One other thing that John Kasich said in the context of whether or not Syrian refugees should be allowed into America was to the effect that "the American public usually gets it right." Kasich made the statement to justify turning away Syrian refugees. In point of fact, America has gotten it seriously wrong on immigration many times over the course of the nation's history - especially if the immigrants were of different faiths and darker skin color. The image above shows how wrong public opinion was in the 1930's in the context of taking in Jewish refugees. This piece looks at America's less than stellar track record. Here are some excerpts:
It’s a comforting thought to look at the refugees fleeing ISIS — the same ones to whom Republicans want to deny entry into the United States — and say that we’re better than this, that Americans as a whole will rise up and refuse to be so cold, so heartless. But those of us who are eager to help people in need are truly in the minority, historically speaking.
As World War II approached, Fortune Magazine published the results of a 1938 poll that should serve as a grim reminder that Americans can and will latch on to bigotry in any sense. Today, we pretend that America has always accepted Jewish people. Unfortunately, the poll reveals that the majority — 67 percent — openly rejected taking in Jewish refugees from Germany, Austria, and other countries oppressed by the Nazis “with conditions as they are.” Only 23 percent of Americans, most of whom opposed raising immigration quotas, said that accepting Jewish refugees was a good idea.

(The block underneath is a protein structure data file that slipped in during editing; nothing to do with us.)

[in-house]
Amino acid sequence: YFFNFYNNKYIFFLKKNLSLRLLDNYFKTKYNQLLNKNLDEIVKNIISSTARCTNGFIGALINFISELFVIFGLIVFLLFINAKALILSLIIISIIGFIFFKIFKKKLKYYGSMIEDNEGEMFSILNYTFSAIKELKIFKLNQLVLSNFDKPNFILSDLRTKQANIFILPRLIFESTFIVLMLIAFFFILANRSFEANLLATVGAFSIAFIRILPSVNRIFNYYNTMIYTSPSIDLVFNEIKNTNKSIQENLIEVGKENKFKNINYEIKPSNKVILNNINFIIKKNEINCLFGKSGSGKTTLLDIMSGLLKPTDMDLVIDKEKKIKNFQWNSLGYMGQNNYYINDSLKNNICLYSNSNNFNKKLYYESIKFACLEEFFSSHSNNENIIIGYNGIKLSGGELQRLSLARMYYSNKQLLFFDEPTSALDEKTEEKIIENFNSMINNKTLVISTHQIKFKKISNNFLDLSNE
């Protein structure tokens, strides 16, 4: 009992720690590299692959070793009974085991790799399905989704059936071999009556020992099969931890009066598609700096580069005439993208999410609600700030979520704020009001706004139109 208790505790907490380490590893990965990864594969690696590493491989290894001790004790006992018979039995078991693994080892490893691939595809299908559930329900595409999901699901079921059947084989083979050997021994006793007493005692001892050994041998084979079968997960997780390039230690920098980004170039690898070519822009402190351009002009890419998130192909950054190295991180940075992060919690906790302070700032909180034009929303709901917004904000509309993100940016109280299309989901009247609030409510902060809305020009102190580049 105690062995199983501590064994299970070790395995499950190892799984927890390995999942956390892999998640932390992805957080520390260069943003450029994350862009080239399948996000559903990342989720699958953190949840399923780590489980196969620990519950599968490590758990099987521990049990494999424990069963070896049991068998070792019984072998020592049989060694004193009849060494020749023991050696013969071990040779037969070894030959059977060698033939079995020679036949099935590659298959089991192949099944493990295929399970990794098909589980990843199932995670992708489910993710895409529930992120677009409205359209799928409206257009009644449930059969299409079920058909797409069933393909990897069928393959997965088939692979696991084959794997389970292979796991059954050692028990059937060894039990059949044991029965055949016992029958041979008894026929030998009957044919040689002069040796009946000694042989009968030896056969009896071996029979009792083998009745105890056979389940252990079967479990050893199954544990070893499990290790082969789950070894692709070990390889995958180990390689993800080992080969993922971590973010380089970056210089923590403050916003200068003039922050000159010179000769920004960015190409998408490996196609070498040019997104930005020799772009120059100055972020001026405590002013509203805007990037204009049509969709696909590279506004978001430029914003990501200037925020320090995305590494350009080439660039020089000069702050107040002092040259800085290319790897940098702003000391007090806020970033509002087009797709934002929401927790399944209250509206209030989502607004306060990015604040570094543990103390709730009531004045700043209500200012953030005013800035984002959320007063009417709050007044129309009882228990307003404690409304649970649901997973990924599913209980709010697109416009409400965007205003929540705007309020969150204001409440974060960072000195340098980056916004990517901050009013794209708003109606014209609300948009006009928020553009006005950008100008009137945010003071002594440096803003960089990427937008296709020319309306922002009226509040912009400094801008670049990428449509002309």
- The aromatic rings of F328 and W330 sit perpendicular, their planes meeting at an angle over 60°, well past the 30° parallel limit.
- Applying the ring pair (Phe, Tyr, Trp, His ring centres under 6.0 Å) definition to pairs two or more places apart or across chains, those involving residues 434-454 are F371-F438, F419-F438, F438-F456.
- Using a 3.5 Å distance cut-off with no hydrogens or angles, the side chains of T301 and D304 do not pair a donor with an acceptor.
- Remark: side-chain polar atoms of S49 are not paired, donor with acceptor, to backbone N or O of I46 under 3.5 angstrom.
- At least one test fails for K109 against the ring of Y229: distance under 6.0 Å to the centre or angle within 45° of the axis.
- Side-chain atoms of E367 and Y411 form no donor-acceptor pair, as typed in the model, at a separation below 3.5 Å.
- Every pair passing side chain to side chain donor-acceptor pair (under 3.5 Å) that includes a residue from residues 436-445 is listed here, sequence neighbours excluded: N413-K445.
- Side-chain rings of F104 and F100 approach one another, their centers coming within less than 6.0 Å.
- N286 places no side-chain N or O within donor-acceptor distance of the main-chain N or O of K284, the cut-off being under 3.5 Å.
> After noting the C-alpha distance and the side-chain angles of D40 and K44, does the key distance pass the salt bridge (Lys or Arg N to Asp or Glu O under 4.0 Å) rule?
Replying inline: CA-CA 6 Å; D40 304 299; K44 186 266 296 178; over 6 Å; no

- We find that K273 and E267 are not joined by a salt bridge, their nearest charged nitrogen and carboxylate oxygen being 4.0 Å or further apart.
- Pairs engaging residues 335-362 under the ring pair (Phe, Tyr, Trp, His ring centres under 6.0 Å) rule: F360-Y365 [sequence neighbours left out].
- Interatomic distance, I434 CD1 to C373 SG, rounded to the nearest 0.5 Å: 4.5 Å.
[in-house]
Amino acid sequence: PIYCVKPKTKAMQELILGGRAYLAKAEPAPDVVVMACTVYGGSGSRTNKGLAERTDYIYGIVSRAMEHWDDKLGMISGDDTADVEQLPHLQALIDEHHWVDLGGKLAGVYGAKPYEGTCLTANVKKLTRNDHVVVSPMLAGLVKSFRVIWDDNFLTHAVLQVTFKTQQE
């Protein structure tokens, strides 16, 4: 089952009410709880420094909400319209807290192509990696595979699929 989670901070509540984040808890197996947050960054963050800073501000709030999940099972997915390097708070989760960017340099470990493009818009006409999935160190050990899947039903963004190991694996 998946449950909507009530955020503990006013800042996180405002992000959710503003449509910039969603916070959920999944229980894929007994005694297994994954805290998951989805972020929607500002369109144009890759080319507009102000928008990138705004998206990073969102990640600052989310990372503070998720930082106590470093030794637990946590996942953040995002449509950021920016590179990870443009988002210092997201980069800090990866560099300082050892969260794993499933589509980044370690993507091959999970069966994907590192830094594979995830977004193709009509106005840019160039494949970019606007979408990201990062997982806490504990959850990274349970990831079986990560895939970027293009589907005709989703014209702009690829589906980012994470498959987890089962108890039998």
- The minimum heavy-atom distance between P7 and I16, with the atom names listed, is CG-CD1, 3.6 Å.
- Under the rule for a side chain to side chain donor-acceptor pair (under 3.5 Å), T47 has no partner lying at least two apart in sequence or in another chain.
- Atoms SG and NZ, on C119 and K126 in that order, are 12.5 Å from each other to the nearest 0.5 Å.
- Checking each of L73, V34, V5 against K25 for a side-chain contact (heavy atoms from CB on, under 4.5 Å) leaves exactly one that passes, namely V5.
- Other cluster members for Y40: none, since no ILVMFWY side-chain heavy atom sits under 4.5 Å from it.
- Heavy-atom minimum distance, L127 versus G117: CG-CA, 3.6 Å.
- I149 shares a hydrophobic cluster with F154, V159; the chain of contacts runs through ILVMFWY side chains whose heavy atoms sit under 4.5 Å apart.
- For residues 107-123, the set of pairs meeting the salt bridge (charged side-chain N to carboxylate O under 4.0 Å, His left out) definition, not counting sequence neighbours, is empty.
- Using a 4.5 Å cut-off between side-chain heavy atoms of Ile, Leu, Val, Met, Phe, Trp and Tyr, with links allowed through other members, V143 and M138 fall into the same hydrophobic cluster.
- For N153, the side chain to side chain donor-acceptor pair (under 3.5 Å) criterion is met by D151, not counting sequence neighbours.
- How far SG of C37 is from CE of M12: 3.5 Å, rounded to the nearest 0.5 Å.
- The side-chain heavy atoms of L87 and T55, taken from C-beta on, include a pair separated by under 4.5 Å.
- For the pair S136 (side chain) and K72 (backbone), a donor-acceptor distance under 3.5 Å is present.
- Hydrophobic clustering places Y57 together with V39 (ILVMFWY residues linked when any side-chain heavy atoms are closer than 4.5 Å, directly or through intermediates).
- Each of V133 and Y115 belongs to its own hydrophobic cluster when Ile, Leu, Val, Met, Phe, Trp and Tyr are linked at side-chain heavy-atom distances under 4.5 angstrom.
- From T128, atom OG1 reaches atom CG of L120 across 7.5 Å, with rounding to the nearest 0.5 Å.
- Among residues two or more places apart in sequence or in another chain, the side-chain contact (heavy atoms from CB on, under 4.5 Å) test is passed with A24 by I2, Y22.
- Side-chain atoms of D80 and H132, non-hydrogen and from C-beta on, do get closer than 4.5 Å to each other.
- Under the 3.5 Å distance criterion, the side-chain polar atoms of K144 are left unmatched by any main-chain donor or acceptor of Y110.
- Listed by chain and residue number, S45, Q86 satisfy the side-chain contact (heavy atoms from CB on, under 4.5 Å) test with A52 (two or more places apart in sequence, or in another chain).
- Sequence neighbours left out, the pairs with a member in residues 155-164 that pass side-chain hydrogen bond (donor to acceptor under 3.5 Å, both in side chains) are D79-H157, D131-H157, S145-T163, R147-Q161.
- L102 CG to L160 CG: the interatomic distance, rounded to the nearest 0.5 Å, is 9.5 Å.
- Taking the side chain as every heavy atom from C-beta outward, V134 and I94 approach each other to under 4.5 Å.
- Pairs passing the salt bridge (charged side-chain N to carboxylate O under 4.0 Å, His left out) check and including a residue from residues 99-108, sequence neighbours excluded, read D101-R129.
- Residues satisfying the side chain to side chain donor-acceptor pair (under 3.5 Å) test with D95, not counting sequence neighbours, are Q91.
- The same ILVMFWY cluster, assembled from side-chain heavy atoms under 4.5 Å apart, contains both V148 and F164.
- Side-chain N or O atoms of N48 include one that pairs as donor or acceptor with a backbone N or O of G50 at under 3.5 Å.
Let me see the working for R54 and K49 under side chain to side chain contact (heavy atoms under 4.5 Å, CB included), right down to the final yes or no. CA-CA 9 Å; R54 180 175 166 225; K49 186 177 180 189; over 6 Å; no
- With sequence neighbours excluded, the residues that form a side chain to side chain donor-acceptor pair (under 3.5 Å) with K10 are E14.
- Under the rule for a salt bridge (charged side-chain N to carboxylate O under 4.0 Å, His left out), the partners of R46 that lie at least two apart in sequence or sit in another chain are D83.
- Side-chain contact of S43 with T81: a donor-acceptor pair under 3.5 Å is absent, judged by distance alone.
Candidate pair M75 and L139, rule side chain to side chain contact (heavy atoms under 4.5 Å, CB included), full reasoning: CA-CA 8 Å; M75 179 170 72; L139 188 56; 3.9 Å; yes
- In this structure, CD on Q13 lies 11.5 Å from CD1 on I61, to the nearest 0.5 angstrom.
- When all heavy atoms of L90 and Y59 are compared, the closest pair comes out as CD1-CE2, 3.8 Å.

2016 Republican presidential hopeful Chris Christie’s opinion that we should not even accept Muslim “5-year-old orphans” is one that should stay buried in our shameful past — but a January 1939 poll heartbreakingly reveals that Americans even opposed taking care of Jewish children.
In September, the Washington Post’s Ishaan Tharoor reminded us that the bigotry espoused by the Right and the hatred they level at Muslim refugees is exactly like the anti-Semitism of the 1930’s:
No matter the alarming rhetoric of [Adolf] Hitler’s fascist state — and the growing acts of violence against Jews and others — popular sentiment in Western Europe and the United States was largely indifferent to the plight of German Jews.
“Of all the groups in the 20th century,” write the authors of the 1999 book, “Refugees in the Age of Genocide,” “refugees from Nazism are now widely and popularly perceived as ‘genuine’, but at the time German, Austrian and Czechoslovakian Jews were treated with ambivalence and outright hostility as well as sympathy.”“Part of that hostility was fueled, as some of the European grievances are now, by stereotypes of the refugees as harbingers of a dangerous ideology, in this instance communism and anarchist violence,” Tharoor notes.
If this sounds familiar, it should. Every day, Republicans remind us — incorrectly — that Muslims are of the devil, that their ways and beliefs are somehow dangerous to the good, pristine America they know and love…and that has not existed since Jim Crow ended.